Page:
There is no shortage of DIY fire starter ideas on the Internet, but how well do they work? While this is a rather incomplete experiment because each fire starter was only tested once, it was interesting to see how each one reacted while burning.
On a warm afternoon, with a light breeze, I put three of the most commonly seen DIY fire starters to the test: a tinder roll (toilet paper roll, newspaper and kindling), lint in a toilet paper roll and petroleum jelly cotton balls. As a control, I used half of a Firestarter stick. From there, times were recorded for burn length, ease of use and any other little nuances that stood out.
Difficulty To Make
While none of the three DIY fire starters are difficult to make, the tinder roll does take the most steps. Finely chopping small pieces of dry kindling is crucial to allowing the wood to catch on fire immediately; although, if you don’t have access to kindling, collecting some very dry sticks beforehand would also work. Once you have the kindling, simply tuck it into a toilet paper roll after placing a crinkled page of a newspaper into it.
Next up is the cotton balls with petroleum jelly. It’s a bit messy, but use your fingers or a popsicle stick to smear petroleum jelly onto the cotton balls. Pack into a pulp egg carton and store in a Ziploc bag.
Looking for the easiest DIY fire starter? It must be lint in a toilet paper roll, which is pretty self-explanatory!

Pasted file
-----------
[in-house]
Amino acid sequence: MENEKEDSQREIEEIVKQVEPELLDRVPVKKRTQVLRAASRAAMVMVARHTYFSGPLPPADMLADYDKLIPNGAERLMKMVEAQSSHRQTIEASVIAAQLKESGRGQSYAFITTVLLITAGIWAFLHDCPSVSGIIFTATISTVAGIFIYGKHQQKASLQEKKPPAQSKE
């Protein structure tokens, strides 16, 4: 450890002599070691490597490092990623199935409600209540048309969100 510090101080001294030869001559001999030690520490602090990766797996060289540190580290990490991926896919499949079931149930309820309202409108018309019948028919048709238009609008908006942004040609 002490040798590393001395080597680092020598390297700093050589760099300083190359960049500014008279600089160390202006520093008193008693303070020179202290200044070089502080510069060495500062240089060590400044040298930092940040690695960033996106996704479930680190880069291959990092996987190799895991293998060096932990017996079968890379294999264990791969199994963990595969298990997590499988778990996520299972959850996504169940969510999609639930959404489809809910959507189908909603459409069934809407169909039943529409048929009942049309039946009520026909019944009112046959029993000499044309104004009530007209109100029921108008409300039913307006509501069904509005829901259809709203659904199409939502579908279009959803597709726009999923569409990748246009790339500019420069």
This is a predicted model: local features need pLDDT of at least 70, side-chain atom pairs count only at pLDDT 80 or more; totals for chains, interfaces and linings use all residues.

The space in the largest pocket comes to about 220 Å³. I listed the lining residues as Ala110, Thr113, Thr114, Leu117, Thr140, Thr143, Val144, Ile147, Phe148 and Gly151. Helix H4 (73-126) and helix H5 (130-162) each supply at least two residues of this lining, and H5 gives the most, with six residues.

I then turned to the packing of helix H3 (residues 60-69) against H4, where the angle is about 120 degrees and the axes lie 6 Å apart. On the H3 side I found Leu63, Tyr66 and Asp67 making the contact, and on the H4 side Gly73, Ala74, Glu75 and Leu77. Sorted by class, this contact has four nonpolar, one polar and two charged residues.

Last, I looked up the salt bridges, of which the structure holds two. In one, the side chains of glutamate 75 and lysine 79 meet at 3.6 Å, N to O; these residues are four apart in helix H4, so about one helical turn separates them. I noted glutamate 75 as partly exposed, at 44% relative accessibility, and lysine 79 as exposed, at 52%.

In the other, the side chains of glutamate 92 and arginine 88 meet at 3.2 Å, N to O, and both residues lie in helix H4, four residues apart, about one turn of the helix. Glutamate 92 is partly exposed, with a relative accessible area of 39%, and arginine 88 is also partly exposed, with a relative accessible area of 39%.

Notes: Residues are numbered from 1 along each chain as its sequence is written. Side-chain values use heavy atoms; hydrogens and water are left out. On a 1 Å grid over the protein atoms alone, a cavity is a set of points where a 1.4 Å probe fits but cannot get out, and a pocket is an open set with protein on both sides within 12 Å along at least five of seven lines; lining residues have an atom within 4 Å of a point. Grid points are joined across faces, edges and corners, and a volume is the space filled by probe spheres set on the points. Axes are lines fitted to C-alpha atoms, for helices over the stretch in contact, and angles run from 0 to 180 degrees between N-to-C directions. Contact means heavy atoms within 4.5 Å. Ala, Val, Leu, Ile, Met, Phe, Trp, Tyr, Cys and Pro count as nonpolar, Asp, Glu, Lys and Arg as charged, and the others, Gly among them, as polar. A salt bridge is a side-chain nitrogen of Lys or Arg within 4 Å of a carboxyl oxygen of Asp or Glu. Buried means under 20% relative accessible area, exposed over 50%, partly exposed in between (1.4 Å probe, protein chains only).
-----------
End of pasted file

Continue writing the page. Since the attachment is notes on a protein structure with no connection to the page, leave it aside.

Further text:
Ease Of Use
Despite being the easiest to make, the lint roll was the hardest to light and keep going. The tinder roll flashed up like a charm, and the petroleum jelly cotton balls were hands down the easiest to get going – lighting up faster than the control!
For reference, the control fire starter burnt strong and steady for seven minutes. The tinder roll held a steady flame as well for around seven-and-a-half minutes, and the petroleum jelly cotton balls held a strong flame for around eight minutes! The lint roll smouldered and smoked for around 13 minutes before I finally held the lighter to it for a longer period to get a solid flame going – once lit, it only lasted for five minutes.
If I had to choose, which one of these DIY fire starters would I pack with me while outdoors? I would have to pick the petroleum jelly cotton balls – while they are a little messy to make, it seems like their ease of use and burn time would hold up well even in inclement weather conditions.
Note: As we approach fire season in BC, please exercise caution when lighting fires. BC Wildfire Service has an excellent website to keep an eye on the current fire danger rating, bans, restrictions and wildfire prevention.